When it comes to permanently connected computers, knowing and limiting what is being sent to a third party and what your computer is doing for a third party become a major concern. In fact, privacy is the new challenge for Free Software as it is for internet users. As stated by open source users, security ranks as the second priority, after stability, and transparency ranks as fifth priority for "what open source users value in software". Security can't be dissociated with privacy because if it isn't secure, it can't be private.
Providing a perfectly secure and privacy compliant system may be a overwhelming project, but it must be a direction in which we move forward to. As users gets more exposed to privacy and security features, they will develop a better awareness of it and with time become more proactive in securing their system and protecting their information. Users and developers should care about privacy.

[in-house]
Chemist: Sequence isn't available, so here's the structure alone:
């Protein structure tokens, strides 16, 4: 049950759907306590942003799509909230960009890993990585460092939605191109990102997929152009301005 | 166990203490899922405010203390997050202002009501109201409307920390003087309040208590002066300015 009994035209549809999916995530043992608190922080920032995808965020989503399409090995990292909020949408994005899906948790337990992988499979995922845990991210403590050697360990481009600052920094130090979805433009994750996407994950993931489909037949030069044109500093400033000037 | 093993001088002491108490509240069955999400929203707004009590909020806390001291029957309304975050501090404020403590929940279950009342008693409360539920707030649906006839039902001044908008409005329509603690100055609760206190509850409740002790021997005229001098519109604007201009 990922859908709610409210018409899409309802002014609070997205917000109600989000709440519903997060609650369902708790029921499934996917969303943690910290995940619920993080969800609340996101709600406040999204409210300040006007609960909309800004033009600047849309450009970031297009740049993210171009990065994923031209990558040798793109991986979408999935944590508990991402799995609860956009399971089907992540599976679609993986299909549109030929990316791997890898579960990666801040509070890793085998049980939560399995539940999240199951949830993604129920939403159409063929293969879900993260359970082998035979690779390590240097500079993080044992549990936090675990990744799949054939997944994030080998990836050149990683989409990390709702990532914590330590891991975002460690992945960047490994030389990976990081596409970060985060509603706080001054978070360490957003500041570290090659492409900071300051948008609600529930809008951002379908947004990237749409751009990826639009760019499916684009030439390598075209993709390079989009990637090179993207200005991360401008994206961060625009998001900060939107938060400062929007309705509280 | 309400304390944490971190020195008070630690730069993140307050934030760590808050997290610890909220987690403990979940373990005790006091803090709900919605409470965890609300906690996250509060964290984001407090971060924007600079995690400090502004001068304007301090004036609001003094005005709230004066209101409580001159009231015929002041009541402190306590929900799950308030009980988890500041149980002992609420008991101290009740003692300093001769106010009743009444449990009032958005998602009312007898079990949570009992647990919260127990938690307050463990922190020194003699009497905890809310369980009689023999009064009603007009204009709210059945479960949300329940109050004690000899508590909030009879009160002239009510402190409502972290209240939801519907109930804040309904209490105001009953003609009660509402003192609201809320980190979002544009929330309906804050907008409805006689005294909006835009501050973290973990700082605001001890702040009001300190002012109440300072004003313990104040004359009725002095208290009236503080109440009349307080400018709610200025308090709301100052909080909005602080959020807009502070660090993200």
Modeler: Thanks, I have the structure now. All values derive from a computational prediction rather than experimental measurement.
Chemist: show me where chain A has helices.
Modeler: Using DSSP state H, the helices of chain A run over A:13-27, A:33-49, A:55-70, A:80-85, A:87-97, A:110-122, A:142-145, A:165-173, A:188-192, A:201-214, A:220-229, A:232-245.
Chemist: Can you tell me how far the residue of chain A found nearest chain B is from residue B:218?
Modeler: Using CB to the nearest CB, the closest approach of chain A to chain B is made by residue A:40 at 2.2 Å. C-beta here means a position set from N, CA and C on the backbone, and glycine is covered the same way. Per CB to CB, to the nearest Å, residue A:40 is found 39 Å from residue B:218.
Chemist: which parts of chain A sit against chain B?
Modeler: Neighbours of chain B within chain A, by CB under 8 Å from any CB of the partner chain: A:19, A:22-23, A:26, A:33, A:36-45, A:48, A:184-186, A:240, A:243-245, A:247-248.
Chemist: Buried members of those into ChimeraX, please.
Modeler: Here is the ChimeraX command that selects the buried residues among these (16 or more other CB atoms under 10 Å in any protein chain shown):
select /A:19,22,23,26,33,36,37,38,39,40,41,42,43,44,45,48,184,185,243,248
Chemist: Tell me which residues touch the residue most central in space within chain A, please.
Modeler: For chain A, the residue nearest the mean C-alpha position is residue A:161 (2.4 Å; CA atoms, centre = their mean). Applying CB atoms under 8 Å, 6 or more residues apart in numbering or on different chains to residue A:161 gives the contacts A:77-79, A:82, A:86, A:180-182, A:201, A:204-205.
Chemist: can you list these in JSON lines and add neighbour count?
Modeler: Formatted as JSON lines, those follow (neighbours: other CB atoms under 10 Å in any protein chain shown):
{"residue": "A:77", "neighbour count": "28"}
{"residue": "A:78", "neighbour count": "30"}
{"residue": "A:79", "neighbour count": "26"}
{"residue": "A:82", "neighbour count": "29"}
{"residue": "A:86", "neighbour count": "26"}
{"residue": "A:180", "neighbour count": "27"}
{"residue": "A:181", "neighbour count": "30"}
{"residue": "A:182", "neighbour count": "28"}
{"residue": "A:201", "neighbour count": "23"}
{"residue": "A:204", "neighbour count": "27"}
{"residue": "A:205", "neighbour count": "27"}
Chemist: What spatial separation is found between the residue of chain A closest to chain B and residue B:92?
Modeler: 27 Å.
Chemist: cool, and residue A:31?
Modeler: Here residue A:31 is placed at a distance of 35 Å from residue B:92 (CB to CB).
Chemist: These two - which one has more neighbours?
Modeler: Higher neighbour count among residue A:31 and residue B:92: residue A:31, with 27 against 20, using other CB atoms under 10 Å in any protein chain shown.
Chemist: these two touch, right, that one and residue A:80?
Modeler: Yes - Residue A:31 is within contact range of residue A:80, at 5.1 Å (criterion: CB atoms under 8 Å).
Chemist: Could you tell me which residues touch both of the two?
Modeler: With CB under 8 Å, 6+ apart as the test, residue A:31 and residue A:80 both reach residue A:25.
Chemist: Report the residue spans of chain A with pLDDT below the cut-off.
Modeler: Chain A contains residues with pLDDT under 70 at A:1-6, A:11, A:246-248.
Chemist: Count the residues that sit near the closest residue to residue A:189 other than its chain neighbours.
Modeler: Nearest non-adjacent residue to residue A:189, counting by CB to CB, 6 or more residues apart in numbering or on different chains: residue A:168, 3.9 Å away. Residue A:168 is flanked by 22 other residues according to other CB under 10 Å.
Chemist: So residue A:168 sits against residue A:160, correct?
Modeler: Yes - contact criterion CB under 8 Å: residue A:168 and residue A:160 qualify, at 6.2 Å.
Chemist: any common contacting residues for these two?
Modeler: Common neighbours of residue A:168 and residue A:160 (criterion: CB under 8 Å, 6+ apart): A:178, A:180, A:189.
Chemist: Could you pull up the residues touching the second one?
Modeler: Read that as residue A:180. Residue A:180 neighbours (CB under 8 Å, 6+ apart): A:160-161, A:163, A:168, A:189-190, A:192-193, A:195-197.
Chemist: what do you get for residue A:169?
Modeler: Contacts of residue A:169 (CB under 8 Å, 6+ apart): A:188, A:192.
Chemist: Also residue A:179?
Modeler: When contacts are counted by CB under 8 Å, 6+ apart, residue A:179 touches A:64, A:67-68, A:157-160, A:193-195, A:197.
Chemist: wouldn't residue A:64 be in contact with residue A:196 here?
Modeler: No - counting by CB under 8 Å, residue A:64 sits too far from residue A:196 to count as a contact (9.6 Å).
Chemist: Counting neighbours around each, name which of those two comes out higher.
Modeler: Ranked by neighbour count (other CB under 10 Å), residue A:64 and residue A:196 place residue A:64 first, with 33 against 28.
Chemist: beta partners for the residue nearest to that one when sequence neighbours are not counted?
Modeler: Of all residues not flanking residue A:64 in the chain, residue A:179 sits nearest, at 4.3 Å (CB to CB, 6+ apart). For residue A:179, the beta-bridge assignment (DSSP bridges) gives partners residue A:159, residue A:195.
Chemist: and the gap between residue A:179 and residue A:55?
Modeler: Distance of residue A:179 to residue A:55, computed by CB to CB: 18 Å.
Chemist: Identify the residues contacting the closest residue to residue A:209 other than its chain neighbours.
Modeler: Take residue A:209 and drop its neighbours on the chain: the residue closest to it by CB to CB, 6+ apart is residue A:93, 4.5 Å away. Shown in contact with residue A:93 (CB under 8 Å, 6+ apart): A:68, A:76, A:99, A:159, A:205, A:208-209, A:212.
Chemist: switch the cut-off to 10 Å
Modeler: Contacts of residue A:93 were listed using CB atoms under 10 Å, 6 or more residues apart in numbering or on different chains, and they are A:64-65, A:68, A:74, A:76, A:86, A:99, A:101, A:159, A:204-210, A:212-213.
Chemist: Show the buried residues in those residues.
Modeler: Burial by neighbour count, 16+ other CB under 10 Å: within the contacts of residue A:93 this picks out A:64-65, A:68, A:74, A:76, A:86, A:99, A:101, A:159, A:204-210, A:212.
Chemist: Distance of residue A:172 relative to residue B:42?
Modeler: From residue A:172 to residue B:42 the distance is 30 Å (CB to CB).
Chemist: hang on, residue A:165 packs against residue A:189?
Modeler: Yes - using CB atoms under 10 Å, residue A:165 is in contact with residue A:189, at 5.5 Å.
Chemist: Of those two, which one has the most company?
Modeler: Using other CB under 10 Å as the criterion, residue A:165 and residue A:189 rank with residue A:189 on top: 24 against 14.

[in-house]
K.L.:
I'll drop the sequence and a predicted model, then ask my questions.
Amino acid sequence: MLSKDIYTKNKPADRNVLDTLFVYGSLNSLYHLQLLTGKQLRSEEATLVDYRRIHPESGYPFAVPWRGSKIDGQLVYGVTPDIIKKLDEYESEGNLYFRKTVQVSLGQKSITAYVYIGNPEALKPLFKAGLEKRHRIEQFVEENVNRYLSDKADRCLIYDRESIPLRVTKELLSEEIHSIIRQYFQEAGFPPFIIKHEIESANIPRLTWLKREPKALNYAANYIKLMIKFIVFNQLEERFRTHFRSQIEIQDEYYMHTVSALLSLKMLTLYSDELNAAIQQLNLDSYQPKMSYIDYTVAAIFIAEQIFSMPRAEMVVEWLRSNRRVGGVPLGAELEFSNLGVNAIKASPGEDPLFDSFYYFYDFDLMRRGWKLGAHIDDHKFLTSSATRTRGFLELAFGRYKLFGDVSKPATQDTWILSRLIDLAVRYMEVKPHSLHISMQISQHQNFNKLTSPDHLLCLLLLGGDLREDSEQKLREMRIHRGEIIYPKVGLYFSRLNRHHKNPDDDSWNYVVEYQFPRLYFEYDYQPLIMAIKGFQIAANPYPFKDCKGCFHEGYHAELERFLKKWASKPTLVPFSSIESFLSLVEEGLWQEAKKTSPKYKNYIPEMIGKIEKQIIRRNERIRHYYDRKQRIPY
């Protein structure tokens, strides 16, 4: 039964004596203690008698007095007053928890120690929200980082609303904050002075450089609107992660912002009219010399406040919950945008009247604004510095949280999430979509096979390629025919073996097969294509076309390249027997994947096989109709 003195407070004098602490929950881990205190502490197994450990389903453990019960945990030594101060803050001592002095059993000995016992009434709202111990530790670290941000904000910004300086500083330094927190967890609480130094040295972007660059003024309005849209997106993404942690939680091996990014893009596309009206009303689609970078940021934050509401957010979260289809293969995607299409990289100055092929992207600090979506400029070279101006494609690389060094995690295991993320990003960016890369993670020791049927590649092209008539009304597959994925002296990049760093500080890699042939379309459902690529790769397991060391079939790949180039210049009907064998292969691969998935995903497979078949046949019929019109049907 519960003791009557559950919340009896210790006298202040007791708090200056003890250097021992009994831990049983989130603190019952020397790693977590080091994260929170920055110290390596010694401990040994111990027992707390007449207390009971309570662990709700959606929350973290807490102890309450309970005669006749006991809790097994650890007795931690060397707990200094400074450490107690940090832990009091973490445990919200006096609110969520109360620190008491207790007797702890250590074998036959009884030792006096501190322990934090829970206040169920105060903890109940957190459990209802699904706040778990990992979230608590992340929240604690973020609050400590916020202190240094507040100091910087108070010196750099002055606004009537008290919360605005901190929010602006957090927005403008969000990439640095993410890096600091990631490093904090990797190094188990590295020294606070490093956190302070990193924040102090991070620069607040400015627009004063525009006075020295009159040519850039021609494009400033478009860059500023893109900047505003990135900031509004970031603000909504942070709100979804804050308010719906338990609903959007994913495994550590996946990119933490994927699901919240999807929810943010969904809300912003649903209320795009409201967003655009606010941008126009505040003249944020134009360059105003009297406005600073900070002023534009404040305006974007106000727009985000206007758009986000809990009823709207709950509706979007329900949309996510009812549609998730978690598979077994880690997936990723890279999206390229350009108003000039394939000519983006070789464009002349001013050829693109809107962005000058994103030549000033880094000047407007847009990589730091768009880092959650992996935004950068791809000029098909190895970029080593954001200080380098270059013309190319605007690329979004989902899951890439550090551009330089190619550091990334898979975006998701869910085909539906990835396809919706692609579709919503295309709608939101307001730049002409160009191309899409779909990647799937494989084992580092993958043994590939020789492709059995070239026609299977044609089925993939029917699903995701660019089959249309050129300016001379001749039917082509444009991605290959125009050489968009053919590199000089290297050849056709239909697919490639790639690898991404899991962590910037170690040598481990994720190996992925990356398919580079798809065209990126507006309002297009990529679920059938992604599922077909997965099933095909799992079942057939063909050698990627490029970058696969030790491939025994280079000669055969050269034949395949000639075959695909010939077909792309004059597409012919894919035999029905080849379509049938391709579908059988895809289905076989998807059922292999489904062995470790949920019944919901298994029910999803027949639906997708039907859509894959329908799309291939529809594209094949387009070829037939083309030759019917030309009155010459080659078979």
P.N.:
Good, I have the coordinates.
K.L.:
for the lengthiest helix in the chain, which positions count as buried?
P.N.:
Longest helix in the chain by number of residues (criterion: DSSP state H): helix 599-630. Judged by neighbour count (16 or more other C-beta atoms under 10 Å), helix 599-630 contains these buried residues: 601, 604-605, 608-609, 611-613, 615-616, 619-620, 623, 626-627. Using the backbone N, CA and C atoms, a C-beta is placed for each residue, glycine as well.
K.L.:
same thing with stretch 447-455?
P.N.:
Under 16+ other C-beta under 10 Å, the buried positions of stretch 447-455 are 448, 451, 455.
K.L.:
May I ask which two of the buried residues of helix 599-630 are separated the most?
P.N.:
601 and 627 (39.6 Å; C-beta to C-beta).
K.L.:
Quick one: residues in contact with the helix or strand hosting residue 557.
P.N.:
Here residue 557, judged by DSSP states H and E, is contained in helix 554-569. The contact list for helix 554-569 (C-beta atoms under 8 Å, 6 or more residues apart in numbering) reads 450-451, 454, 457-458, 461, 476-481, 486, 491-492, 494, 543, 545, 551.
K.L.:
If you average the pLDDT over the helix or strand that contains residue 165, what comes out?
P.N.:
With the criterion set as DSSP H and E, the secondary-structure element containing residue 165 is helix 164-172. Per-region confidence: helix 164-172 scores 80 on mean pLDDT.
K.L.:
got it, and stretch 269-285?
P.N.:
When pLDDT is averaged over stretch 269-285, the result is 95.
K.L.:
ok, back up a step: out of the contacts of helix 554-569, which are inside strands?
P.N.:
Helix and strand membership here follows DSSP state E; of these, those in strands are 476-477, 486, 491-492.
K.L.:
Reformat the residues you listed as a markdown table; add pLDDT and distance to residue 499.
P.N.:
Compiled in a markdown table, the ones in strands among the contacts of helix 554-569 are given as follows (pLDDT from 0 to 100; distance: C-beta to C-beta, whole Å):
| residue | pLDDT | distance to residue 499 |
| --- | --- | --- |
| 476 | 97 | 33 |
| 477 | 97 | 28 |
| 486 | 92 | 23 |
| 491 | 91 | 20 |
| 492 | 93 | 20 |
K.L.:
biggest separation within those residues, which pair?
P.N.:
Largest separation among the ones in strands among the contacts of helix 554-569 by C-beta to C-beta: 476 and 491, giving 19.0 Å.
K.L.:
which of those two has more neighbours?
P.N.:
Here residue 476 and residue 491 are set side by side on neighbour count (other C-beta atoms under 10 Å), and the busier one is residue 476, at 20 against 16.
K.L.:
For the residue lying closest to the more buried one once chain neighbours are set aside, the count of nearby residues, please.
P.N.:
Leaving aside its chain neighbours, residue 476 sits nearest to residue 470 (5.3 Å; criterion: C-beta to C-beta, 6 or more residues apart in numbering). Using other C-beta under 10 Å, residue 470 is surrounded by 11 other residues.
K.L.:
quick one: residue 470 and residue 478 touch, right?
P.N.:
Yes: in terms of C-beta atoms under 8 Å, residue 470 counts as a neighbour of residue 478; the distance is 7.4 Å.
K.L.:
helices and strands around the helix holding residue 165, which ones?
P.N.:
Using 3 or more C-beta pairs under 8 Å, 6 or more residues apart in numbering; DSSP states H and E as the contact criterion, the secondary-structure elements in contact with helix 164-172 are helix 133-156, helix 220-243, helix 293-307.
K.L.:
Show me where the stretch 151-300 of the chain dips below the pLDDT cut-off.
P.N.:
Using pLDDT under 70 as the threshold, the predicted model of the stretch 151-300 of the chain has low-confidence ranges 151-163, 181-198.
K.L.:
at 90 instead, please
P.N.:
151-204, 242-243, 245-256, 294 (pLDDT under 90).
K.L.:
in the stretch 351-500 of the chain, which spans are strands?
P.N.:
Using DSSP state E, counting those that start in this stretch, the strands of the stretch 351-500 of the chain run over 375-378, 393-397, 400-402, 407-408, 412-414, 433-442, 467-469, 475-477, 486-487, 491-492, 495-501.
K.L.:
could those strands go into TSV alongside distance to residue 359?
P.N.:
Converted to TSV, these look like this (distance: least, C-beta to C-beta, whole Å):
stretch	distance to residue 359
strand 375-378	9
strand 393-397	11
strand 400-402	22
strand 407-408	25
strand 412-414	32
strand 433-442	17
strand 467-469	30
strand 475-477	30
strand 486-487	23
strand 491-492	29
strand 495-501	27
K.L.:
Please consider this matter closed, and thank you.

As open source operating systems are gaining more popularity, they are adapting in accommodating less tech savvy users. Users are now expecting better control of their computers without all the hassle of hard learning curves. As KDE can be considered a major and one of the leading desktop environment (getting first place is some reddit user survey and opensourcesurvey), it has a broader reach and probably a larger spectrum of technically enthusiast users. As such, KDE is in a unique position to offer users a complete software environment that helps them to protect their privacy. KDE, being community-driven and user-focused, has the opportunity to put privacy on top of the agenda, arguably, being in this position, KDE has the obligation to do this, in the interest of the users.
There are many ways user may have their privacy violated, most notable are :
- Passively collected data (ie: when accessing a service)
- Insecure communication (unencrypted packets ie: http and public wifi)
- Global surveillance and mega corporations
- Targeted Surveillance (politically motivated or industrial espionage)
- Actively collected data (by a running application or being monitored from a backdoor)
- Security breach of your system or of a company that has your information